7Product may have to be sorted and a portion (Less than 100%) scrapped; deviation form primary process ; decreased line speed or added manpowerLine shutdown from 1 hour up to full production shift; stop shipment possible; field repair or replacement required (Assembly to End User) other than for regulatory noncomplianceDegradation of primary vehicle function necessary for normal driving during expected service life. 
6Moderate100% of production run may have to be reworked off line and acceptedLine shutdown up to one hourLoss of secondary vehicle function. 
5A portion of the production run may have to be reworked off line and acceptedLess than 100% of product affected; strong possibility for additional defective product: sort required: no line  shutdownDegradation of secondary vehicle function 
4100% of production run may have to be reworked in station before it is processedDefective product triggers significant reaction plan; additional defective products not likely; sort not requiredVery objectionable, appearance, sound, vibration, harshness. Or haptics. 
3LowA portion of production run may have to be reworked in station before it is processedDefective product triggers minor reaction plan; additional defective products not likely; sort not requiredModerately objectionable, appearance, sound, vibration, harshness, or haptics. 
2Slight inconvenience to process operation or operatorDefective product triggers no reaction plan; additional defective products not likely; sort not required; requires feedback to supplierSlightly objectionable, appearance, sound, vibration, harshness, or haptics. 
1Very lowNo discernible effectNo discernible effectNo discernible effect 

5.7 Occurrence (O)

The Occurrence rating (O) describes the occurrence of Failure Cause in the process, taking into account the associated current prevention controls. The occurrence rating number is a relative rating within the scope of the FMEA and may not reflect the actual occurrence. The Occurrence rating describes the potential of the failure cause to occur. according to the rating table. without regard to the detection controls. Expertise or other experiences with comparable processes. for example, can be. considered in the assessment of the rating numbers. In determining this rating, questions such as the following should be considered:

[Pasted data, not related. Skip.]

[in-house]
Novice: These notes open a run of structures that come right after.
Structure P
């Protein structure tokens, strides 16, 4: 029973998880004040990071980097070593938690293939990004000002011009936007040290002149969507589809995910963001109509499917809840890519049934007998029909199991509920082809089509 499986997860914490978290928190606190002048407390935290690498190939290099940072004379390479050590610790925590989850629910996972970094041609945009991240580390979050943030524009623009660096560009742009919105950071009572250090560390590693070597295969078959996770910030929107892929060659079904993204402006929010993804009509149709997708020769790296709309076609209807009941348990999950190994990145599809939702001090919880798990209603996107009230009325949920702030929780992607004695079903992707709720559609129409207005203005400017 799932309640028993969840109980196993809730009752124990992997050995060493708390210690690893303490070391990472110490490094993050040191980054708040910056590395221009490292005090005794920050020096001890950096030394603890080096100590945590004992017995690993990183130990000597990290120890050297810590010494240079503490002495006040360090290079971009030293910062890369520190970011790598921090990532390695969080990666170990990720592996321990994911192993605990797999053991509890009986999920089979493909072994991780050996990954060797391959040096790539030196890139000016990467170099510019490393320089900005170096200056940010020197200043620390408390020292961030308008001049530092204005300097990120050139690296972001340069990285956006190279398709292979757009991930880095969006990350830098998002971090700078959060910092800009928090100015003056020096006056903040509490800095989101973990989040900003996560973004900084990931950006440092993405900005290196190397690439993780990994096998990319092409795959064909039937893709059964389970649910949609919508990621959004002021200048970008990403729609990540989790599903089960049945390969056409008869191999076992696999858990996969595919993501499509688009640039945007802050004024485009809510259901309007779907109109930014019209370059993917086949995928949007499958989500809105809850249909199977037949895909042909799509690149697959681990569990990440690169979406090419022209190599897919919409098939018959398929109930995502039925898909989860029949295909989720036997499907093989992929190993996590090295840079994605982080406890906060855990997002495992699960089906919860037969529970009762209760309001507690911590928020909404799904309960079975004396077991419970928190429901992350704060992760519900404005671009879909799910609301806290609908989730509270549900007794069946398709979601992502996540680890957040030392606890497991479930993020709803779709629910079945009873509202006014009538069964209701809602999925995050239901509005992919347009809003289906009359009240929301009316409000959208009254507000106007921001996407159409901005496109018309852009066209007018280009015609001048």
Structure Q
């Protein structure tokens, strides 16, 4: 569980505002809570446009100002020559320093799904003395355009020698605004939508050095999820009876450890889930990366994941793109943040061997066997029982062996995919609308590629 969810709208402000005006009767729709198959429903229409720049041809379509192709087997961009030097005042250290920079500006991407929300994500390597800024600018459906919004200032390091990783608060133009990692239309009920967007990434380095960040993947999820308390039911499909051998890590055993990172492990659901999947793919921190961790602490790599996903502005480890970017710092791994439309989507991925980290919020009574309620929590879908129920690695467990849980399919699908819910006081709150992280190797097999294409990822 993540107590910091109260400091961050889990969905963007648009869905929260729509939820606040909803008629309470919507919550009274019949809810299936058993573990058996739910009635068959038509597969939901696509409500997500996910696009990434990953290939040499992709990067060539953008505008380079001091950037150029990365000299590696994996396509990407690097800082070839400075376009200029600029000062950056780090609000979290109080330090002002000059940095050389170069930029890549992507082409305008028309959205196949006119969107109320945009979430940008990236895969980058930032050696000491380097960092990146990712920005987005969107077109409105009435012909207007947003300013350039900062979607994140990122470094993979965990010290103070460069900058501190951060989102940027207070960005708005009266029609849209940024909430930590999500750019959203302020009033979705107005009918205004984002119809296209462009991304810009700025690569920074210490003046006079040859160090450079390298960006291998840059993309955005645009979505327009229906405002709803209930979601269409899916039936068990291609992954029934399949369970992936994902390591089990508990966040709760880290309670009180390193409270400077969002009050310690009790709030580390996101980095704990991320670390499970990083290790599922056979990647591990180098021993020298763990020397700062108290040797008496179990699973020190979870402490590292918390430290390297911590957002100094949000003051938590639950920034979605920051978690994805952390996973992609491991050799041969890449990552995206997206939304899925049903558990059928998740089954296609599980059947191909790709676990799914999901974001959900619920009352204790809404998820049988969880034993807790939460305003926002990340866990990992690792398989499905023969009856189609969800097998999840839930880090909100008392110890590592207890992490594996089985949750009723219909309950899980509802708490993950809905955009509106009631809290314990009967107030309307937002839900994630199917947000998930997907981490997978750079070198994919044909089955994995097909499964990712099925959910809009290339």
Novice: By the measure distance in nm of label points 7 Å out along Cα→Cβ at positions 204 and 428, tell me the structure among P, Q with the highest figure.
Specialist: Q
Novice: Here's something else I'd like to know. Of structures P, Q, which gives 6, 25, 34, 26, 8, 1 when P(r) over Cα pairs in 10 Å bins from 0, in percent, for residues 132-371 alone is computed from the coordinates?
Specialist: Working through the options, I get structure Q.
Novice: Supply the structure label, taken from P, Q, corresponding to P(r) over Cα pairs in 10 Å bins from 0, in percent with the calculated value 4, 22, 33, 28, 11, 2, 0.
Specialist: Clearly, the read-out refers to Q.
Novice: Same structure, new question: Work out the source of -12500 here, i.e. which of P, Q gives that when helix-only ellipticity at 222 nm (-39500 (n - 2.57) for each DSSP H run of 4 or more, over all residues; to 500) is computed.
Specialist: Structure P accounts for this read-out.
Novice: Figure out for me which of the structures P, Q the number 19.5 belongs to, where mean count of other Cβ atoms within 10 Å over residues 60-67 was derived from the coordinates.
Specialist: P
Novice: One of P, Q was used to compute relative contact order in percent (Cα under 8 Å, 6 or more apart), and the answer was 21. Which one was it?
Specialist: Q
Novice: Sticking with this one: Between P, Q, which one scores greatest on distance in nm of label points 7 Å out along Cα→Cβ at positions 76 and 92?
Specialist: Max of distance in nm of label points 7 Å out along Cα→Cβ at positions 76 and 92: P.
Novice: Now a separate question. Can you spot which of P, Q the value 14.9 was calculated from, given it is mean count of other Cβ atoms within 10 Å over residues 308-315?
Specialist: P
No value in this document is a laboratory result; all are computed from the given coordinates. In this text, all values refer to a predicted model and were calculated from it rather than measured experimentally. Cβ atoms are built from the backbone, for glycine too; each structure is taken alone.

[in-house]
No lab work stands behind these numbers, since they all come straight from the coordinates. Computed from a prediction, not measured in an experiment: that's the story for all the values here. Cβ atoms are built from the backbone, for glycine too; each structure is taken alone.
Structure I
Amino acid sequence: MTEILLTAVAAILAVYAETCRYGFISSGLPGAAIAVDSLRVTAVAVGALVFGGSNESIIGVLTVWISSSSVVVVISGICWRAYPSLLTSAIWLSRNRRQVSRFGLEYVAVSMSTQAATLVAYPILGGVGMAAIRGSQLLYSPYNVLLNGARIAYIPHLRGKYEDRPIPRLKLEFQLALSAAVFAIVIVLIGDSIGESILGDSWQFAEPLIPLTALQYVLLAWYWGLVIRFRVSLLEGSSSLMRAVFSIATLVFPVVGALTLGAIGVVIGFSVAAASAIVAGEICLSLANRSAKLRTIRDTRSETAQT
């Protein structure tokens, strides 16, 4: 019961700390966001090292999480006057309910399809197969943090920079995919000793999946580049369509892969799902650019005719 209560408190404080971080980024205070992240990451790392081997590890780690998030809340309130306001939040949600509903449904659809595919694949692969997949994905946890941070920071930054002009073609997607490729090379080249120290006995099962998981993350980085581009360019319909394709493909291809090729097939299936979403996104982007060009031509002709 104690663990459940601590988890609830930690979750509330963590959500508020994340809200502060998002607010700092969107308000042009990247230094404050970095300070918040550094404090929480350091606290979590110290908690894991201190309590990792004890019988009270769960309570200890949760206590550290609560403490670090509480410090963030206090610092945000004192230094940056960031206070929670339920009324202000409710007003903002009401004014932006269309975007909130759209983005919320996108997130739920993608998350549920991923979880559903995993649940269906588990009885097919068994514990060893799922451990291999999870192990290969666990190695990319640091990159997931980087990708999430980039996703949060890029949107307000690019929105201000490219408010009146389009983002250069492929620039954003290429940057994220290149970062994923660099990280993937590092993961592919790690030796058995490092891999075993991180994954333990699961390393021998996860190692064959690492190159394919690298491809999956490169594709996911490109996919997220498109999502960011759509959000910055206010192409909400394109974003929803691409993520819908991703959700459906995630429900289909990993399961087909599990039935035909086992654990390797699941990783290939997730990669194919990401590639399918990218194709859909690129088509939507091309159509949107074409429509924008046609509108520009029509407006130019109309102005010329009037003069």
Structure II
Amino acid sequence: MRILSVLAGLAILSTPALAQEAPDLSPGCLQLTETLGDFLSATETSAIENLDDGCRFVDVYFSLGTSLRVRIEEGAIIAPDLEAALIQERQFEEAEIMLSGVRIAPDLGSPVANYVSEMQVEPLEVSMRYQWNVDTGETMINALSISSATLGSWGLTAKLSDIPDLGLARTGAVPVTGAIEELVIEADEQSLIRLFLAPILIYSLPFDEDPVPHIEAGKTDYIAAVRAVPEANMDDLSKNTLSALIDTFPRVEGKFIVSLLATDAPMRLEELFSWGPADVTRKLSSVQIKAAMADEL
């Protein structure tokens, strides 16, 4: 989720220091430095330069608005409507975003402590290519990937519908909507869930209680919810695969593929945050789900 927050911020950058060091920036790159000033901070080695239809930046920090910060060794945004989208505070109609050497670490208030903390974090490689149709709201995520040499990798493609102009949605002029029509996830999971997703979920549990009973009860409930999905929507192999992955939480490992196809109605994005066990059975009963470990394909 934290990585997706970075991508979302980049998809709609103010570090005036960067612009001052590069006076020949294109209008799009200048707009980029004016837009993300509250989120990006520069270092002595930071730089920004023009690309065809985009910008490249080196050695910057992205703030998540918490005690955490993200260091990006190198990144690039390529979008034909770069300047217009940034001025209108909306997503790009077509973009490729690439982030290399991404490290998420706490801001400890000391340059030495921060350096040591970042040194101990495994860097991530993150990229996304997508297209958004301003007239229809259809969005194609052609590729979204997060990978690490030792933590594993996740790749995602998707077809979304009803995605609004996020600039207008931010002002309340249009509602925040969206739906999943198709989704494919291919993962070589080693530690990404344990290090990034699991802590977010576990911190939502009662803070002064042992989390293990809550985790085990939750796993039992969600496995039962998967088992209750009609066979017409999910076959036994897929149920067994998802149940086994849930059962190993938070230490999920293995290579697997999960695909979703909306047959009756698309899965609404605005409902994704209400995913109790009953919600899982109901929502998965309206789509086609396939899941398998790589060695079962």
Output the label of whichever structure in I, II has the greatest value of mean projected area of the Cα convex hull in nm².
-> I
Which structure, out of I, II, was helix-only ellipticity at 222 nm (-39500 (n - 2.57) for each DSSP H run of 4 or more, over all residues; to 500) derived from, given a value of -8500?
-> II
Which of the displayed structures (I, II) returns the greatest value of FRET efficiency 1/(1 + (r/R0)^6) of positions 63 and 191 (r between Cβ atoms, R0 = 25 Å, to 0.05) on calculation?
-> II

• What is the equipment history with similar processes and process steps?
  • What is the field experience with similar processes?
  • Is the process a carryover or similar to a previous process?
  • How significant are changes from a current production process?
  • Is the process completely new?
  • What are the environmental changes?
  • Are best practices already implemented?
  • Do standard instructions exist? (e.g.. work instructions. set-up and calibration procedures, preventive maintenance, error-proofing verification procedures, and process monitoring
    verification checklists)
  • Are technical error-proofing solutions implemented? (e.g.,product or process design, fixture and tool design,established process sequence. production control tracking/traceability, machine capability, and SPC charting)
Occurrence Potential (O) for process
Potential Failure Causes rated according to the-criteria below. Consider Prevention Controls when determining the best Occurrence estimate. Occurrence is a predictive qualitative rating made at the time of evaluation and may not reflect the actual occurrence. The occurrence rating number is a relative rating within the scope of the in by FMEA (process being evaluated). For Prevention Controls with multiple Occurrence Ratings, use the rating that best reflects the robustness of the control.Blank until filled in by user